We also note that a proportion of respondents who are very committed to environmental issues establish a link between their Catholic faith and their ecological commitment. This reveals, by contrast, a perceived need for resonance between ecological values and the teachings of the Church, while at the same time expressing a certain disappointment about practical alignment.
According to Cléo Schweyer, doctoral student in information and communication sciences on the appropriation of ecology in a Christian context (ELICO laboratory, Univ. Lumière-Lyon 2):
“For the people we surveyed, taking ownership of environmental issues means rereading and rewriting them in the light of their faith culture. The words of churches and religious leaders are important in that they may or may not legitimise these issues, then reformulate them, and finally place them within a tradition that makes them communicable to as many believers as possible. Religious integration continues to have a decisive impact on people’s relationship with politics and values”.
Protestants surveyed see more complex links between ecology and spirituality
The study reveals a complex dynamic between environmental aspirations, spirituality and religious practice. While the majority of participants express a concrete desire to commit to the environment, even within their church environment, the study reveals a need to harmonise spiritual values with the imperative to protect the planet. There is a consensus on the desire to take action and do more in the face of climate change, but there seems to be more debate about the role of human beings and religious institutions on these issues.
Finally, the picture is qualified by the presence of an environmental counter-discourse among some participants, influenced mainly by a negative perspective on the relationship between ecology and religion. This unfavourable perception seems to be the major obstacle for those who resist integrating environmental concerns into their religious framework.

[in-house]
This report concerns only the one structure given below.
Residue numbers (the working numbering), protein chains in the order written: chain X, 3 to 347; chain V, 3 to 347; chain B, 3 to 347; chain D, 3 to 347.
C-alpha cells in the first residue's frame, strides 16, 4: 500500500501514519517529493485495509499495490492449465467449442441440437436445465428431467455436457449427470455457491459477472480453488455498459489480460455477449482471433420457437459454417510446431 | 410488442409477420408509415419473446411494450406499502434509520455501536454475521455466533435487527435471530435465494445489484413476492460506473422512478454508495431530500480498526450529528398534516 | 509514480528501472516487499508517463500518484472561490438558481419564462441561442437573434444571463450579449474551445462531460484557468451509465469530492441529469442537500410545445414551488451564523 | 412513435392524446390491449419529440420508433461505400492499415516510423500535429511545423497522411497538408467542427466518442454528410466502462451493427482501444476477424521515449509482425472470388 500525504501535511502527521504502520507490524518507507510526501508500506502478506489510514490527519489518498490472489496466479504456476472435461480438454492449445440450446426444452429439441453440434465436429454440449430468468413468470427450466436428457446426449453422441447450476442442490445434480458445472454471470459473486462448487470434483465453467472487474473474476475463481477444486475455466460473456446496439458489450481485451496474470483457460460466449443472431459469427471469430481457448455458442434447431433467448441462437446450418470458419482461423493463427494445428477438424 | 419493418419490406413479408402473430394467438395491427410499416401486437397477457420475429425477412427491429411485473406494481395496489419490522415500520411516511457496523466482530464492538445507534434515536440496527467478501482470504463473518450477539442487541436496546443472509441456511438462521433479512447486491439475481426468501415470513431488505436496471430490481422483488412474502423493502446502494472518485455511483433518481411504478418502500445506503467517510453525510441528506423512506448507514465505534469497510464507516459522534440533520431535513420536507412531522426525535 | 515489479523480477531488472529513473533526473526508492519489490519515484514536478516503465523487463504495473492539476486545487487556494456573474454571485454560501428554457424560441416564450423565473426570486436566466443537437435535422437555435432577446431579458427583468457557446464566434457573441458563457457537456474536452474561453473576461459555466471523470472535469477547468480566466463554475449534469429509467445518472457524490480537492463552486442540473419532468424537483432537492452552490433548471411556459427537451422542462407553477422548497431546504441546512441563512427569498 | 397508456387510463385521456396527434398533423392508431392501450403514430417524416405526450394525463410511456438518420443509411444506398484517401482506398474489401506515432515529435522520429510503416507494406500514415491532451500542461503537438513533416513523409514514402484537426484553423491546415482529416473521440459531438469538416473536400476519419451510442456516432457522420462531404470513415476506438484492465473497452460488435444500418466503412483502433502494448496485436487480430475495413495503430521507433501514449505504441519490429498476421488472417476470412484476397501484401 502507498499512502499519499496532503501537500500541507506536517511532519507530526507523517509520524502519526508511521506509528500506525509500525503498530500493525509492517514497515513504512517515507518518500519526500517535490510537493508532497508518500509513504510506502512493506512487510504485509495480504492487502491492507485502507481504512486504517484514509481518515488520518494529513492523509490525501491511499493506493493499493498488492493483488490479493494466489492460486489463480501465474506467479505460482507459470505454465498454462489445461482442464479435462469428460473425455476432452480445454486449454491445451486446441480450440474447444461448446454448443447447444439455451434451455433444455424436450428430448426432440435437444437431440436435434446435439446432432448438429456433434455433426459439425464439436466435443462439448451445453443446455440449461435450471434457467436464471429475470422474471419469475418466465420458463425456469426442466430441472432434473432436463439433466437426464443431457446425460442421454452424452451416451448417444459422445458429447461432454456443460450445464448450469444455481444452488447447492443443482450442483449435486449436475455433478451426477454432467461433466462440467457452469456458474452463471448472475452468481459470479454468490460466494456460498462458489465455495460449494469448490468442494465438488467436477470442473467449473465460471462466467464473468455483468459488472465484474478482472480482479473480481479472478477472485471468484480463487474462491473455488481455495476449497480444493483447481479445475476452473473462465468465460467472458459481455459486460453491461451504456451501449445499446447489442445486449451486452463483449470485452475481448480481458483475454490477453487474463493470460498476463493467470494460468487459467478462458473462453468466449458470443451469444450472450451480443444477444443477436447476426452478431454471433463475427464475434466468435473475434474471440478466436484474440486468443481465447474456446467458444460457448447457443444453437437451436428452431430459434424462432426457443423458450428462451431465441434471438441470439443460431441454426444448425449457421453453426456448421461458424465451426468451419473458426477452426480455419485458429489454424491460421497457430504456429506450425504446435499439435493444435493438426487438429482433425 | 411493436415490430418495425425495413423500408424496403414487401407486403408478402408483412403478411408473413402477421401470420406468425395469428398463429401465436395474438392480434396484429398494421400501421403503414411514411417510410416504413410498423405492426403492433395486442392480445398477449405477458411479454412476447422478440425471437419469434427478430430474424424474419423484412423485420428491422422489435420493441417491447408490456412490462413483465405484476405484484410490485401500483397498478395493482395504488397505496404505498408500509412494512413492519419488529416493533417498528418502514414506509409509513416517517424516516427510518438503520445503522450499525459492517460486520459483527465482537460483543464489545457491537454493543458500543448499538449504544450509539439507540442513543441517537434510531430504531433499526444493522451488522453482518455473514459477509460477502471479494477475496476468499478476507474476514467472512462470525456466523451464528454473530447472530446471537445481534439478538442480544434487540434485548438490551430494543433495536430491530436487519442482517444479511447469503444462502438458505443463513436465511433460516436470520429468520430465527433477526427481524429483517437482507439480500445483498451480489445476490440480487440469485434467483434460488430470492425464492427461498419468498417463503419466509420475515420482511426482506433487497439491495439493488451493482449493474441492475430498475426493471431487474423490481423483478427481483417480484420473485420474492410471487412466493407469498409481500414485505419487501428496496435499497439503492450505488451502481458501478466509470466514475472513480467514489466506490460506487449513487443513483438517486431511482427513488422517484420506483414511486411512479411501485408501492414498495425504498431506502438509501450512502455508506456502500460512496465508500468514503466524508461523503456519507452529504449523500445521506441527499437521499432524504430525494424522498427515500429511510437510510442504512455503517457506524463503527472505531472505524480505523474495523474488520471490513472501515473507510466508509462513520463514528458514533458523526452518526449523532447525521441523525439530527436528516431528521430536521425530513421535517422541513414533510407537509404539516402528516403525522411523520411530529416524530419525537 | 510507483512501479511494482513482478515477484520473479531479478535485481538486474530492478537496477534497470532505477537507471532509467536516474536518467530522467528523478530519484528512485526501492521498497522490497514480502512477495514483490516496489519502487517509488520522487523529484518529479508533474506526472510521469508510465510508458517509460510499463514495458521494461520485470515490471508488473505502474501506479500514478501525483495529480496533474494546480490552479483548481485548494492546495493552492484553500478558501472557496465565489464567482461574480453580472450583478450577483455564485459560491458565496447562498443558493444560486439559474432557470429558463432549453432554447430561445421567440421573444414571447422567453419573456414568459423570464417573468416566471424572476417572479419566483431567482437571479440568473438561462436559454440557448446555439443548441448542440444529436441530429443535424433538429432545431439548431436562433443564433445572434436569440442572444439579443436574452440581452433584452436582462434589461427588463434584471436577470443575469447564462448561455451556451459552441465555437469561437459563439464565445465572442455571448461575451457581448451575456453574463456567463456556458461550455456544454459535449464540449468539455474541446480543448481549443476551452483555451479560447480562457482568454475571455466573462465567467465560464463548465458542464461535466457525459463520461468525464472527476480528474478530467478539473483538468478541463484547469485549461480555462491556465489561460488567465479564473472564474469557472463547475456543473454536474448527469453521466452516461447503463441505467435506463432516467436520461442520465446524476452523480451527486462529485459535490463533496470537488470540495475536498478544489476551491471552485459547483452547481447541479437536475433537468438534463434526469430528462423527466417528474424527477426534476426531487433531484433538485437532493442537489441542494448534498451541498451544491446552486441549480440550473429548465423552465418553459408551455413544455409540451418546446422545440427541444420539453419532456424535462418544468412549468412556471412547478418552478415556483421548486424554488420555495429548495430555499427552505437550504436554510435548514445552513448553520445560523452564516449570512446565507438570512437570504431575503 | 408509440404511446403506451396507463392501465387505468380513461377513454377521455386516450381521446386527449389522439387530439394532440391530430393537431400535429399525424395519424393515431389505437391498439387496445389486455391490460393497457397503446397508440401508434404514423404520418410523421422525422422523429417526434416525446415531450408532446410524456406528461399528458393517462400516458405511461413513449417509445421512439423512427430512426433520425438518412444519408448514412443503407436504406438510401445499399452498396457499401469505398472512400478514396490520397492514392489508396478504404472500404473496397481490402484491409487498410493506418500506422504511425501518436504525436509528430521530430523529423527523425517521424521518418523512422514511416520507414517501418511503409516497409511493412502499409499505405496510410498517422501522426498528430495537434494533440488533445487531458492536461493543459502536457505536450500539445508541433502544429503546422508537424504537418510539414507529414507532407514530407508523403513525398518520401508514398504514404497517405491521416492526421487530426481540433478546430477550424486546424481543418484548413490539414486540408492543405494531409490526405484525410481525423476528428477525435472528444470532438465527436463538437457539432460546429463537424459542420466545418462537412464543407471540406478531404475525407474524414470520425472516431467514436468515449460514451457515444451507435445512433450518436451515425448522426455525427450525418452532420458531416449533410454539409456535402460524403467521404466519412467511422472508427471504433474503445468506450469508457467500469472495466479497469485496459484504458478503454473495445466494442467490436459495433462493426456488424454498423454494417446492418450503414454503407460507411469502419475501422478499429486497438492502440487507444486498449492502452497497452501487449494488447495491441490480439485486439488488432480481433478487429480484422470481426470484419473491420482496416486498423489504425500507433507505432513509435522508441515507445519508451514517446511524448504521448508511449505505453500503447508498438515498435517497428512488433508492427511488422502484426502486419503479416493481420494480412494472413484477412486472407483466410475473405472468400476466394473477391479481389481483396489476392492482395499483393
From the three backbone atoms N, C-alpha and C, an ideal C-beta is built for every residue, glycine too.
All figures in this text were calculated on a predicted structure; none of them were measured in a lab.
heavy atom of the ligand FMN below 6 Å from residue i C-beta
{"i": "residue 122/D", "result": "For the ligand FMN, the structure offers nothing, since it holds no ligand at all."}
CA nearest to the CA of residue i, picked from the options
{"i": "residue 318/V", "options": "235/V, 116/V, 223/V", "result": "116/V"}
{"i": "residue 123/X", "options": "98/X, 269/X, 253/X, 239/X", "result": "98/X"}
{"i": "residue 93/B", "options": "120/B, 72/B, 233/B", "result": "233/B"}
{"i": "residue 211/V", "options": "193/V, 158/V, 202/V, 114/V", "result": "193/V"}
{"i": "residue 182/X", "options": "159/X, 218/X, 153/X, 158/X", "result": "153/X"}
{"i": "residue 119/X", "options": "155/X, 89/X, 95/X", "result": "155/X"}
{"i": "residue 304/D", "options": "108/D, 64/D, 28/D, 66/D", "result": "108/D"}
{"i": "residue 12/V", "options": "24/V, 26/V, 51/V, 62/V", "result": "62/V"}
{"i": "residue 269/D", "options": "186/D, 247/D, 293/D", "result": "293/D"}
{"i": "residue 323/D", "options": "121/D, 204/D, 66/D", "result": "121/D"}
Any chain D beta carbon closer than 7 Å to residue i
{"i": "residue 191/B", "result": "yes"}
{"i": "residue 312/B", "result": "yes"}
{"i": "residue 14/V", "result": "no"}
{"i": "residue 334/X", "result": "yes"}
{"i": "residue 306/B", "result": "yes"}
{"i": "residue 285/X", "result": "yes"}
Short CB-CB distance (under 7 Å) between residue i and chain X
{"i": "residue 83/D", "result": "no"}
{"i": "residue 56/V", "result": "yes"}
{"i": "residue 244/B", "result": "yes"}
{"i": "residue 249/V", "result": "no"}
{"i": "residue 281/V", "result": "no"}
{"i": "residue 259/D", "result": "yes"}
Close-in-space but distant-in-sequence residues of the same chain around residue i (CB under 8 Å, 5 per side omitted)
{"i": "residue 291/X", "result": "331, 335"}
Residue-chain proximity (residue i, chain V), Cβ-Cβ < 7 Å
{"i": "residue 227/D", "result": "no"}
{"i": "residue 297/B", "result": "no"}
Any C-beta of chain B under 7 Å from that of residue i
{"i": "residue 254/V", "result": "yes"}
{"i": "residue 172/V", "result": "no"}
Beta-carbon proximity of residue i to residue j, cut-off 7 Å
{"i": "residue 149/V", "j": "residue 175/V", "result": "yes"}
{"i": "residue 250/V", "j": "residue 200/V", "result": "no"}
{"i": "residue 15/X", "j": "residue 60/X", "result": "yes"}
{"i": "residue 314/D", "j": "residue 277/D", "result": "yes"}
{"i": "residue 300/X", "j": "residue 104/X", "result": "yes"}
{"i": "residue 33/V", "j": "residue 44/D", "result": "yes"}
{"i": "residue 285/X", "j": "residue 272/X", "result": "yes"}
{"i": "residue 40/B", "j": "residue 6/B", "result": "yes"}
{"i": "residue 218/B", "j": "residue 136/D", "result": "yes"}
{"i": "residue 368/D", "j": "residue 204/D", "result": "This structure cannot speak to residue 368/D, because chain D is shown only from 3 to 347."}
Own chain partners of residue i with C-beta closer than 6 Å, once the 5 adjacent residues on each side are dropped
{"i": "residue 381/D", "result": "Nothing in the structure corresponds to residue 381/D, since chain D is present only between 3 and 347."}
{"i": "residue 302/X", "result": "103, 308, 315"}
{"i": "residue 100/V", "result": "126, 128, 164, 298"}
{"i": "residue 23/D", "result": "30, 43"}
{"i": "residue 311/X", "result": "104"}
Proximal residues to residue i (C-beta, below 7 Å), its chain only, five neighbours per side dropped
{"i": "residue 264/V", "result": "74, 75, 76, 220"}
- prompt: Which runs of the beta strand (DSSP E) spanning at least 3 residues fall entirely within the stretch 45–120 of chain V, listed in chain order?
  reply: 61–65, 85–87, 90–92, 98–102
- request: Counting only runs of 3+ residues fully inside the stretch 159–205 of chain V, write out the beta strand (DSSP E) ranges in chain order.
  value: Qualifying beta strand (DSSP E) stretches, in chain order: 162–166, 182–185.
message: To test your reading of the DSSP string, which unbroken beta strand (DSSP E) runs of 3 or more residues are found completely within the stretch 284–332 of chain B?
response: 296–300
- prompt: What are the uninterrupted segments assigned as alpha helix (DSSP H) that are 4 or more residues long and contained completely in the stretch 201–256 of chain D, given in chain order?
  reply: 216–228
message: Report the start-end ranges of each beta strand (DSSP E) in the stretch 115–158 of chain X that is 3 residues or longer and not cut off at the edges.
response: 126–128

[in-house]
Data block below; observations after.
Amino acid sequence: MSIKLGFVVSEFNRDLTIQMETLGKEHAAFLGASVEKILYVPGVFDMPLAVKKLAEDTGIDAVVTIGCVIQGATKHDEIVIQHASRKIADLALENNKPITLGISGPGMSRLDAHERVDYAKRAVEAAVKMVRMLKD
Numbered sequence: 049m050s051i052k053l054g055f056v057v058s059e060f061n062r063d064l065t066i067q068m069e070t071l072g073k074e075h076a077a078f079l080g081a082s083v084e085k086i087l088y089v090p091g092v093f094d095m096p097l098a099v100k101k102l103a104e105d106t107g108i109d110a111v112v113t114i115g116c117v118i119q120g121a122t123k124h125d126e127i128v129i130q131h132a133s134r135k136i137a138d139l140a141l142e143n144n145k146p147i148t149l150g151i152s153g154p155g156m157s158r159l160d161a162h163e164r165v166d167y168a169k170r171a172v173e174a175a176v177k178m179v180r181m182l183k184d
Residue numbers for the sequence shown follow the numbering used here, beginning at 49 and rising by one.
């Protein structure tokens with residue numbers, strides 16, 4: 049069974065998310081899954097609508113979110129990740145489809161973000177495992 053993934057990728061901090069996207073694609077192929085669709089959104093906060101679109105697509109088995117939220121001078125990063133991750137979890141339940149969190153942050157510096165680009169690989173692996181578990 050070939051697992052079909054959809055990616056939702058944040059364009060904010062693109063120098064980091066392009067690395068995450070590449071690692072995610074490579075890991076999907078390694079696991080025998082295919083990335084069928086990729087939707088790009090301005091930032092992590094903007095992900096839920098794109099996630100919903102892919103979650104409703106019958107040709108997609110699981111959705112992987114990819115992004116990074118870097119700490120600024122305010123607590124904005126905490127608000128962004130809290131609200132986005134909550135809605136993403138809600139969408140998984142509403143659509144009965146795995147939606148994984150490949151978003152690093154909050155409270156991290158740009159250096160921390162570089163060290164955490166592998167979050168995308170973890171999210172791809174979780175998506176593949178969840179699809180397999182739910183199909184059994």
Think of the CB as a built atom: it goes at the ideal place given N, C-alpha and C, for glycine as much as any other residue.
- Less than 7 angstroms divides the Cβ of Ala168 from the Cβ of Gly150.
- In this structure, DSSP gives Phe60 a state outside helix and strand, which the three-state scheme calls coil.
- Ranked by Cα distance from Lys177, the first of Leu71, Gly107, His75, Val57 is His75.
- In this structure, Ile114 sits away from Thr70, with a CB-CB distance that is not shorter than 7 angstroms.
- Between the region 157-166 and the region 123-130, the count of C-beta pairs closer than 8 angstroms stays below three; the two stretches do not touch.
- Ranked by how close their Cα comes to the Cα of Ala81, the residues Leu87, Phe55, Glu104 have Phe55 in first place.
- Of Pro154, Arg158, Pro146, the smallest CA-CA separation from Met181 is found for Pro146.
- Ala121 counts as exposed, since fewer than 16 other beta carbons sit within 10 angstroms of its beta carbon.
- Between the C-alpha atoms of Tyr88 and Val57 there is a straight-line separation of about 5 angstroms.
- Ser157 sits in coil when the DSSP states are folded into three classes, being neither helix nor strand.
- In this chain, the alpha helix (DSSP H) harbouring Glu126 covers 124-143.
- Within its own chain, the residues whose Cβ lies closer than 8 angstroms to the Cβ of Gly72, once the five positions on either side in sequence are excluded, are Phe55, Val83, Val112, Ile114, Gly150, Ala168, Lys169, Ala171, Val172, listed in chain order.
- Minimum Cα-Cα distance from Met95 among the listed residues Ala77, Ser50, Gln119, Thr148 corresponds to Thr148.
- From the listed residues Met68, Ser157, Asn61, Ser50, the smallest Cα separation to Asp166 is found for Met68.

For Jean-François Mouhot, Director of A Rocha France, a Christian organisation for the protection of nature and the environment, “this type of survey, which is quite common in certain countries such as the United States, is a first in France. The results published today, the fruit of lengthy preparatory work, will enable us to identify the levers for action and the points of resistance, so that we can better communicate the importance of ecological and climate issues to the Christian public, which is the core target audience that A Rocha wishes to mobilise on these issues”.
The conclusions of a 2-part study, which involved numerous players within the churches concerned
After a first part focusing on Catholics, revealed in June 2023, this study is now complete. While it does not describe what Christians “in general” think about the environment, it does provide a better understanding of how Catholics and Protestants view climate change and the role of their church.
This work, initiated by Parlons Climat and A Rocha France and supported by the FLAM Foundation, Nuances d’Avenir and Bersier-Regards Protestants, was carried out following preparatory research involving numerous organisations (including Église Verte, the Conférence des Évêques de France, the Fédération Protestante de France, the Conseil National des Évangéliques de France, the Laudato Si movement, the MRJC, Secours Catholique, SEL, CCFD, Destin Commun… ), as well as academics.
Lucas Francou Damesin, associate of Parlons Climat (a structure that aims to convince new audiences to commit to the climate), “We are very pleased to be publishing this expanded study today, based on numerous preliminary interviews with Christian stakeholders and academics, whom I would really like to thank. We feel it is essential to understand the specific ways in which Catholics and Protestants view the ecological transition.”
Study carried out on the basis of an IFOP survey of three samples of respondents:
- 987 people, representative of the French population aged 18 and over
- 484 self-identified practising Catholics
- 379 self-identified Protestants (including 274 self-identified “practising Protestants”)
These pdfs are in French only